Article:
grinding wheels--when do you replace?

Greetings,
I've had my first grinder for a few months now. (Ugly grey wheels used to chew up metal, not for sharpening...)
I'm wondering how small you let the wheels get before you replace them. Five inches? Down to the label?
I'm asking here instead of the metalworking group, because I think metalworkers would have different tolerances and applications than woodies do.
--
"Keep your ass behind you"
vladimir a t mad scientist com
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What size is the grinder?
Australopithecus scobis wrote:

used to

them.
woodies
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On Wed, 08 Dec 2004 17:25:26 -0800, robdingnagian1 wrote:

6" Delta
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Just as a rule of thumb, I use 15-20% reduction before replacing a white wheel used for sharpening. That means running it down to roughly 6.8" to 6.4" on an 8" wheel. And 5.1" to 4.8" for a 6" wheel.
I also keep one handy that's down to about 50% or so for fine grinding something that I TRUELY don't want to risk burning. The surface speed of these wheels will be low enough that it'll take a long time to sharpen a dull tool without loading up, but for the almost honing effect you get from the small wheels, it can't be beat.
Luck
Mike
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On Wed, 08 Dec 2004 19:53:39 -0600, The Davenport's wrote:

Thanks much. That's the info I was looking for.
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Australopithecus scobis wrote:

What does your manual say?? I was raised in my grinder youth to keep the tool rest 1/8" away from the wheel. As the wheel wore down, you adjust the rest to within an 1/8". When you can no longer do that, the wheel needs to be replaced. Also, if your wheel clogs from aluminum, brass or whatever, best replace it before it shrapnel's on you. It helps to have a wheel dresser.
Whether you are a woodworker or a metalworker, that wheel will spin the same speed. Spending it's life trying to throw it's weight away from center. Taking it down to the "label" the wheel won't care who you are and will throw pieces at you when it fractures. ( Gee! Do you think I've watched too many safety video's that show projectiles piercing peoples faces and eyes and such?? Yup! At least once a year!!)
Reminds me of the Maximum Exposure video where a guy ends up with half of a 10" grinding wheel in his skull. He has it removed and they show him grinding away on a new wheel, big ol' bandage on his head. On the video, he says that he doesn't believe in personal protection and won't ever wear that stuff! I think he could use a Darwin award ( or he'll win one he keeps going the direction he's taking!)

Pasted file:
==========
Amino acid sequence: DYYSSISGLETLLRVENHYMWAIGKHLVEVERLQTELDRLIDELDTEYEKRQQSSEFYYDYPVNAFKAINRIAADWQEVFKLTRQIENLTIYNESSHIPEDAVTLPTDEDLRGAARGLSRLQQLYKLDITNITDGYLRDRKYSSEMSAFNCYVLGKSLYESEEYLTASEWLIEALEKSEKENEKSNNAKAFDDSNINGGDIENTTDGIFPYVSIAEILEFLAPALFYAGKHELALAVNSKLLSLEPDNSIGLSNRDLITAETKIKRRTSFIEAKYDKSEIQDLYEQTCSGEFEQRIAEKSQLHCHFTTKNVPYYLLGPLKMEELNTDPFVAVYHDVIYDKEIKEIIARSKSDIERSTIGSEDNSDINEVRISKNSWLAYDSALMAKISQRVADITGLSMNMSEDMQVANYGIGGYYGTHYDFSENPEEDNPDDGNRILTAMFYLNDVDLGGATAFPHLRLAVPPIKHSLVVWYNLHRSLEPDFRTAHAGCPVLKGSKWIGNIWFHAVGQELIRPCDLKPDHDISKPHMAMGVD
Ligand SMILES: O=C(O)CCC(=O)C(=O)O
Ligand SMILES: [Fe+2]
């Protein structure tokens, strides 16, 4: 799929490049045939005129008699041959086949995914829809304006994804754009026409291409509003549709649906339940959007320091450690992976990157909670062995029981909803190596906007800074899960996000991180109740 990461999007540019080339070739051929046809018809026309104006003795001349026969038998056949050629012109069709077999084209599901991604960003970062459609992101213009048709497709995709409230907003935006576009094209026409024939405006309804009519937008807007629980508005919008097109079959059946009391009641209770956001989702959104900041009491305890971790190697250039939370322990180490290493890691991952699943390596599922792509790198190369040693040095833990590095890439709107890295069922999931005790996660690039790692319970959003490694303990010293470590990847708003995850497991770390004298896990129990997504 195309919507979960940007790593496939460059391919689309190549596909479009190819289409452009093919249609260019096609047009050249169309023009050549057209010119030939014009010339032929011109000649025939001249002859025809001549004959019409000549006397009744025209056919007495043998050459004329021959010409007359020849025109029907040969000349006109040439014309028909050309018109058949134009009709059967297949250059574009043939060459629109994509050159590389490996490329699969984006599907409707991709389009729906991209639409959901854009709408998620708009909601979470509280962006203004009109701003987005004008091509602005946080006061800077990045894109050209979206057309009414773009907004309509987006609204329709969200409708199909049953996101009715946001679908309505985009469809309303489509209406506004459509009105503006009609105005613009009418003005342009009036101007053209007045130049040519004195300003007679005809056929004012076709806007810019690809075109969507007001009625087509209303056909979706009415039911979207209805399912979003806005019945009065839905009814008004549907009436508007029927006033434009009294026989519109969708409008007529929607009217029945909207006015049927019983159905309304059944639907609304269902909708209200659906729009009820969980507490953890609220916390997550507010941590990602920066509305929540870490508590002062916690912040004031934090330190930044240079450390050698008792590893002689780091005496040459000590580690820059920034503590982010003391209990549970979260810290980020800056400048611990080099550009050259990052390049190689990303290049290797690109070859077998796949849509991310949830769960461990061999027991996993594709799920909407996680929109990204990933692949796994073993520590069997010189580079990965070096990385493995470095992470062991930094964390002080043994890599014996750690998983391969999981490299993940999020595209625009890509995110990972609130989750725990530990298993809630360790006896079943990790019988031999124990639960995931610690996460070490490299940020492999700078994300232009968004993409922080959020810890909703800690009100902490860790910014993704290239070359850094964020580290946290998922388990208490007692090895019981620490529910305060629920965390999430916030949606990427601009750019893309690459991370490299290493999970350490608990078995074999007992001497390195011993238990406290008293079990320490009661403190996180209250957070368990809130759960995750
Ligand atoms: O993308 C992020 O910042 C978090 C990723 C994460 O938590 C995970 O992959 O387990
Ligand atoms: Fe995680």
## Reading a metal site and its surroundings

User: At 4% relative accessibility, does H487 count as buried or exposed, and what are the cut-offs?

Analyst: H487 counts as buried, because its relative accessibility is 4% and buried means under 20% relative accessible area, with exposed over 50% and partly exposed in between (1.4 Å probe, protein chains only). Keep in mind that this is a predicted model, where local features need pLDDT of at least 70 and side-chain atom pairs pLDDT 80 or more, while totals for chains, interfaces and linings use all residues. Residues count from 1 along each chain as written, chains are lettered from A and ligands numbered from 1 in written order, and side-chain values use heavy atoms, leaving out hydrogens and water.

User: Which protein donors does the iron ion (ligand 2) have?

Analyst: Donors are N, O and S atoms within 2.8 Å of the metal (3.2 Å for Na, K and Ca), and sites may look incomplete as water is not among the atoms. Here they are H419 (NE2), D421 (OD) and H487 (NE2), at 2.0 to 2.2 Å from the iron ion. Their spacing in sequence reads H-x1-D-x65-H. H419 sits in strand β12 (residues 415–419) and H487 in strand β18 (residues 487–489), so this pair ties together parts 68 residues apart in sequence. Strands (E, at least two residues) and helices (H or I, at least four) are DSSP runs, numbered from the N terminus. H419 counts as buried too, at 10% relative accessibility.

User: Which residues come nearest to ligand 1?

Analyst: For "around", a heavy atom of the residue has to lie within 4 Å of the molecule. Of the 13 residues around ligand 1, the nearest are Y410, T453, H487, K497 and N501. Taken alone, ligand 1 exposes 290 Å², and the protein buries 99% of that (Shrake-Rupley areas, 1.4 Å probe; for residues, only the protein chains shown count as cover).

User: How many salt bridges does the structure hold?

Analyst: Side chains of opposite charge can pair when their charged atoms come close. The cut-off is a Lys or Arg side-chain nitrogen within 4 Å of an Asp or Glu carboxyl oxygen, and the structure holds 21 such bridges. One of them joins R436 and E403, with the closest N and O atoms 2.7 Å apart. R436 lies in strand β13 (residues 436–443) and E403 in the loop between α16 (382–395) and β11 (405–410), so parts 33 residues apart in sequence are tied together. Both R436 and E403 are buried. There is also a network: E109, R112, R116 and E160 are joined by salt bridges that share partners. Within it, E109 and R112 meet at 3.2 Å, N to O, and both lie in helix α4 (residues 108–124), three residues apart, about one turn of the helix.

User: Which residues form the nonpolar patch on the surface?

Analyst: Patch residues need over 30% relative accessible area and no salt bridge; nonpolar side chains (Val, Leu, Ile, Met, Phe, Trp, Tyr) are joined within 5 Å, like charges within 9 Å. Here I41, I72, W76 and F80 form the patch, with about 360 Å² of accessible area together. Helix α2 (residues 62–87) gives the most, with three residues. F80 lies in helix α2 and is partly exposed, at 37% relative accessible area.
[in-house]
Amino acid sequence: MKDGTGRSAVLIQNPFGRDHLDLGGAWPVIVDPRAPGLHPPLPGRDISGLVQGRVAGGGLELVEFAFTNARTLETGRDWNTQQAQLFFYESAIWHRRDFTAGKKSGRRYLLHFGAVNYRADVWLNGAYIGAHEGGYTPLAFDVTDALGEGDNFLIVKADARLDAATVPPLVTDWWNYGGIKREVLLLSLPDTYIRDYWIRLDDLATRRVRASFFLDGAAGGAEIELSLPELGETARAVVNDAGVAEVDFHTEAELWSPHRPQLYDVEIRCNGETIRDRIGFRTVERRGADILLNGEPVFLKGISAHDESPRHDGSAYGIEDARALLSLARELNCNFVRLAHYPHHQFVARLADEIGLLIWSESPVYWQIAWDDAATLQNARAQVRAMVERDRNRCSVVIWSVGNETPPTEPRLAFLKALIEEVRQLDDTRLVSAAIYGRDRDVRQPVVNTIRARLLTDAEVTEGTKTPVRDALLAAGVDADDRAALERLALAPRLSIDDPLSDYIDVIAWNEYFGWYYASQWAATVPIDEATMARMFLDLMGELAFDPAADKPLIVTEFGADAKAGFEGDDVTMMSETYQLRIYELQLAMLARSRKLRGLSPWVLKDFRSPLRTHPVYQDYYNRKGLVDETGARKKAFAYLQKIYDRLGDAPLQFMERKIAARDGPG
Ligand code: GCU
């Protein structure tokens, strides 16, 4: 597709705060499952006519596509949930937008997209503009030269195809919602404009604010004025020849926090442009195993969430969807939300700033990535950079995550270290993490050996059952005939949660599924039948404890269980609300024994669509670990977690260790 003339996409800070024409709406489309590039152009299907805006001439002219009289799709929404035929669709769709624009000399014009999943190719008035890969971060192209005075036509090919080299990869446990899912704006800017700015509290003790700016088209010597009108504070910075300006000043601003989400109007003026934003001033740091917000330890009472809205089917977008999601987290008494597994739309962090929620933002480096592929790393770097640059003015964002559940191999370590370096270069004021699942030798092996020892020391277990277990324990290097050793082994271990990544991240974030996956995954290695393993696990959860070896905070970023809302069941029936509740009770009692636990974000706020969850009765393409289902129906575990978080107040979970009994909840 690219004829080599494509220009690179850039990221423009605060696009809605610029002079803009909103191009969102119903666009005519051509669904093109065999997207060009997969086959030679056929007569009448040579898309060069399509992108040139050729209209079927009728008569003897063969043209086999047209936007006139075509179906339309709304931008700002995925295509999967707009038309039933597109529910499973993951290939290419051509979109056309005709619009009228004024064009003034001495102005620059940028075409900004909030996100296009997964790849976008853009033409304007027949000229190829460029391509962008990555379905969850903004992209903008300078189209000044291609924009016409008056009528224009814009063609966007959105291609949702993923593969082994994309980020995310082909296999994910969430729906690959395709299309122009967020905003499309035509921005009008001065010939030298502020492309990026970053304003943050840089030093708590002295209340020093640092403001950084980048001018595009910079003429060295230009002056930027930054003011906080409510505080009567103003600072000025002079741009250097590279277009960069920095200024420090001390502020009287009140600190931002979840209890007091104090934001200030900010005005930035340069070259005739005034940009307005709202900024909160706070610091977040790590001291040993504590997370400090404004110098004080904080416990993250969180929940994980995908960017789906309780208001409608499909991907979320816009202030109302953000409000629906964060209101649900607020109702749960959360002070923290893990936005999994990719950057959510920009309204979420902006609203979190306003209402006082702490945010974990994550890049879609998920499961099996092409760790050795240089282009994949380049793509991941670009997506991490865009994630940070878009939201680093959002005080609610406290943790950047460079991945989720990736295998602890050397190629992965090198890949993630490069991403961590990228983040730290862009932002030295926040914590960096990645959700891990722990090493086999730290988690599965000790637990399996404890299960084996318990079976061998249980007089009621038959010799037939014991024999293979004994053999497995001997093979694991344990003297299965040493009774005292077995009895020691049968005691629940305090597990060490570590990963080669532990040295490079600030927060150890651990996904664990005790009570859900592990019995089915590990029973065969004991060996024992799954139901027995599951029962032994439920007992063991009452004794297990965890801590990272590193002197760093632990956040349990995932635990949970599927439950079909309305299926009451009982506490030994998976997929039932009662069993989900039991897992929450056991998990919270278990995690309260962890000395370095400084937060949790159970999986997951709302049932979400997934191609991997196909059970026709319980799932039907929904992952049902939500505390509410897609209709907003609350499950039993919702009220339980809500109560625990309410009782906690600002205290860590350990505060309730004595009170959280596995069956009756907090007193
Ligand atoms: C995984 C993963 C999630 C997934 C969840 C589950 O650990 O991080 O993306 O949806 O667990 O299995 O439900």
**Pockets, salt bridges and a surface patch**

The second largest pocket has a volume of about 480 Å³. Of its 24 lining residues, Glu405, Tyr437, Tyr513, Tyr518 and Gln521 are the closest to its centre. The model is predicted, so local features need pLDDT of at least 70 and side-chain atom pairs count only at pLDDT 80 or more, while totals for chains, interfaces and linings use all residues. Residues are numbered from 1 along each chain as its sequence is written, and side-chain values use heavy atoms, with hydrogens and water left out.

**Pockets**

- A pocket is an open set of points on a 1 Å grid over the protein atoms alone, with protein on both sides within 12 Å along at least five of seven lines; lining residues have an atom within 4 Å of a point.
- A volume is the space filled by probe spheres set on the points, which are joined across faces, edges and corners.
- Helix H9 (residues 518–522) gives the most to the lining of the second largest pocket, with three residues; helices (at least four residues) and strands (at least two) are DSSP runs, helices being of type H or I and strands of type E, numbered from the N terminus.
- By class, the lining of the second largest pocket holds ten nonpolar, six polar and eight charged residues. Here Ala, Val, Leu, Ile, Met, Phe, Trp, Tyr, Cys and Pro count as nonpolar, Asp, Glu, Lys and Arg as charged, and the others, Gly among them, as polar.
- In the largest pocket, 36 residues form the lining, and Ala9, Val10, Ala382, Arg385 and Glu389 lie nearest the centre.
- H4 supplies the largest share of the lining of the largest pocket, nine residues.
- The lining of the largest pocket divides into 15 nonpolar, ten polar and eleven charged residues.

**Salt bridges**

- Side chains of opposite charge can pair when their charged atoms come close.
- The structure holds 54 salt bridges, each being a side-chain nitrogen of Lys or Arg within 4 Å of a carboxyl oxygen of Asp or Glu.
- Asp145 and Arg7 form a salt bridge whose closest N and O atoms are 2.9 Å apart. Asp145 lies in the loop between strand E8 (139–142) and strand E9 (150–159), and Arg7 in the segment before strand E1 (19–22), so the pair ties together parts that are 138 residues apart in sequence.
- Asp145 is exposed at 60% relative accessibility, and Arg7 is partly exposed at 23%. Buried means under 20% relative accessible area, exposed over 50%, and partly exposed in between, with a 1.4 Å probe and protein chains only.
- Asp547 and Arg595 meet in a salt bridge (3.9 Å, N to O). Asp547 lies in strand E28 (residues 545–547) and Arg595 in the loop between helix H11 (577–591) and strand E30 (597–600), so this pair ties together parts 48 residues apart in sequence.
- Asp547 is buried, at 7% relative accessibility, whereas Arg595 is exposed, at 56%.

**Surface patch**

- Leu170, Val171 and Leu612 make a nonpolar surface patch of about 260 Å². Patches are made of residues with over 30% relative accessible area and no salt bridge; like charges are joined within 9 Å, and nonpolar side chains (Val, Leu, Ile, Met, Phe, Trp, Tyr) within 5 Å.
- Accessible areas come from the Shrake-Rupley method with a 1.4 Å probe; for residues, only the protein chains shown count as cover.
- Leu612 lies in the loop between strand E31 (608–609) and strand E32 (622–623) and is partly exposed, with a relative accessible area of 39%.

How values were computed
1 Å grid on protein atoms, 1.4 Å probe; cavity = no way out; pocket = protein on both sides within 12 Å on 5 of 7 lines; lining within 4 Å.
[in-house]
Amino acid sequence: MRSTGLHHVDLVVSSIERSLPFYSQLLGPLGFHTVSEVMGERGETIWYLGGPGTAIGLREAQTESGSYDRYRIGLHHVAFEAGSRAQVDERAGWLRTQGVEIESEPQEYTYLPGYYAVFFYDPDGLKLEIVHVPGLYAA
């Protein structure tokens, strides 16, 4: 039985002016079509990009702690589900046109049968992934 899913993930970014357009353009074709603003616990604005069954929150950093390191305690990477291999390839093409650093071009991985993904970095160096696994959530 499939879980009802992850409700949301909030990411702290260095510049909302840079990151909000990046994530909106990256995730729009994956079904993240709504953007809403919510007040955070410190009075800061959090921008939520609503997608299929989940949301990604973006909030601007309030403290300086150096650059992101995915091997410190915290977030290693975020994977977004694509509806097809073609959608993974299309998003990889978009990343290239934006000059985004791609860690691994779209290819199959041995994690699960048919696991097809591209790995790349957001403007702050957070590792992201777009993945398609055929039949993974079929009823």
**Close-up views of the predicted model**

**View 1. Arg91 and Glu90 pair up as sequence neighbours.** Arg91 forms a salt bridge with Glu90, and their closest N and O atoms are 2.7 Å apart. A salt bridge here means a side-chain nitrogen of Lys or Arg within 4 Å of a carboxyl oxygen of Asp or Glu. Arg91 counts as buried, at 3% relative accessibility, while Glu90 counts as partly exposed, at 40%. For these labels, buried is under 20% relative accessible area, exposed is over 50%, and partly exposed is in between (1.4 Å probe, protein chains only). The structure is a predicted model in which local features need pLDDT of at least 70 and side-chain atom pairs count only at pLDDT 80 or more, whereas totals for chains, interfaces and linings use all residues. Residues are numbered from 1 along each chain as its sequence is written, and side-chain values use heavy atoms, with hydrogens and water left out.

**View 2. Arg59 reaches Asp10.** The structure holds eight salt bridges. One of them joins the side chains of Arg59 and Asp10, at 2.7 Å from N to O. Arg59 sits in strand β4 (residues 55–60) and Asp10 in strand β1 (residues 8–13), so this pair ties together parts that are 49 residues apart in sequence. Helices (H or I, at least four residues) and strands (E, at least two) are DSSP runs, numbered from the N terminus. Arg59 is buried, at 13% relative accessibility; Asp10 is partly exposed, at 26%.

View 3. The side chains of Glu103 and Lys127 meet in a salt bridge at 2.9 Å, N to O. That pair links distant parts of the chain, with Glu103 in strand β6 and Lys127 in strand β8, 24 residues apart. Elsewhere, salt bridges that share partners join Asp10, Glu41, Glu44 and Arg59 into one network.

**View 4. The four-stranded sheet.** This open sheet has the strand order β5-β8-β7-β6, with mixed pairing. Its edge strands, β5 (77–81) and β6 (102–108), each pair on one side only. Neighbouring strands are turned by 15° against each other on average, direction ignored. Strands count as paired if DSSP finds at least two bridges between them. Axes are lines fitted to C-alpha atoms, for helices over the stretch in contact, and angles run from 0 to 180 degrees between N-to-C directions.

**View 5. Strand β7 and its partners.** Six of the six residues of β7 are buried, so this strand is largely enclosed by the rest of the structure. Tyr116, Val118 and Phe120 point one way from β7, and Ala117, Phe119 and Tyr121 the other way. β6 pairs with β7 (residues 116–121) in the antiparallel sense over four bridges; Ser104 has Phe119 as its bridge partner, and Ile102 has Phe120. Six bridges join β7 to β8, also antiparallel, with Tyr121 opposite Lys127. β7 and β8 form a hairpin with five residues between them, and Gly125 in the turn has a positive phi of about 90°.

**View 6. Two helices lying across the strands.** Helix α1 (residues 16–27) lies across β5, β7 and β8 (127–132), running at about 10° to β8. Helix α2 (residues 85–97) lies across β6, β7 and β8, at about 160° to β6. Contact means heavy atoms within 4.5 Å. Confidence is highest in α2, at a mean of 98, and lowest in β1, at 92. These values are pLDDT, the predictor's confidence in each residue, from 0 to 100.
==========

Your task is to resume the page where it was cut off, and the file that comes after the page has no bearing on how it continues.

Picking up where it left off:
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On Thu, 09 Dec 2004 05:30:44 -0500, Mark and Kim Smith wrote:

Oh. You see, I used to write tech doc for a living. I never read the steenkin' manual. Your point about the tool rest is kinda obvious. Duh. (Finally, a use for the "tool rest" that is otherwise useless!) Thanks.
(The reduction in size is mostly due to my enthusiastic use of a star dresser. Won't get a diamond one until I have a proper rest and some white wheels.)
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vladimir a t mad scientist com
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I am in my 60's....and your method is exactly the procedure that my Dad told his "young" son many many years ago.... He was primarly a metal worked BUT I have followed his advice and never ran into problems....
AND I have to THANK YOU
for bringing back memories of my Dad today... I Miss the old Sob ..."Sweet old Bob" ... thats how my Mom used to refer to him .... Unfortunately I think my wife uses the more common meaning when she is refering to me... especially this time of year when I am overly protective of the checkbook...
Bob Griffiths
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Bob G. wrote:

Glad I could bring you some good memories! Happy Holidays!!
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Well, not really. RPM may be the same, but the speed at the edge of the wheel will be different. If a 6 inch diameter wheel is spinning at 1000 times a minute, the edge of it will be moving at about 1500 feet per minute. If the wheel wears down to 4 inches then the edge moves at 1000 feet per minute.
-j
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J wrote:

Reread my sentence. If the edge of a 6" wheel is turning at 1500' per minute, it is turning 1500' per minute whether you are a woodworker or whether you are a metal worker ( or an office worker.) If the wheel wears down to 4" and the edge turns at 1000' per minute, then the edge of a woodworkers wheel turns at 1000' per minute and the edge of a metalworkers wheel turns at 1000' per minute. Whether you are a woodworker or a metalworker, that wheel will spin the same speed ( all grinders being equal.) Point to the OP was that it doesn't matter whether you are a metalworker or a woodworker, it is a grinder and manufacturers have specifications on how to operate their product.
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Oh.... Nevermind.
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On Wed, 08 Dec 2004 18:34:29 -0600, Australopithecus scobis

Some people like as small wheels as possible, as it grinds a deeper hollow in a hollow grind.
Barry
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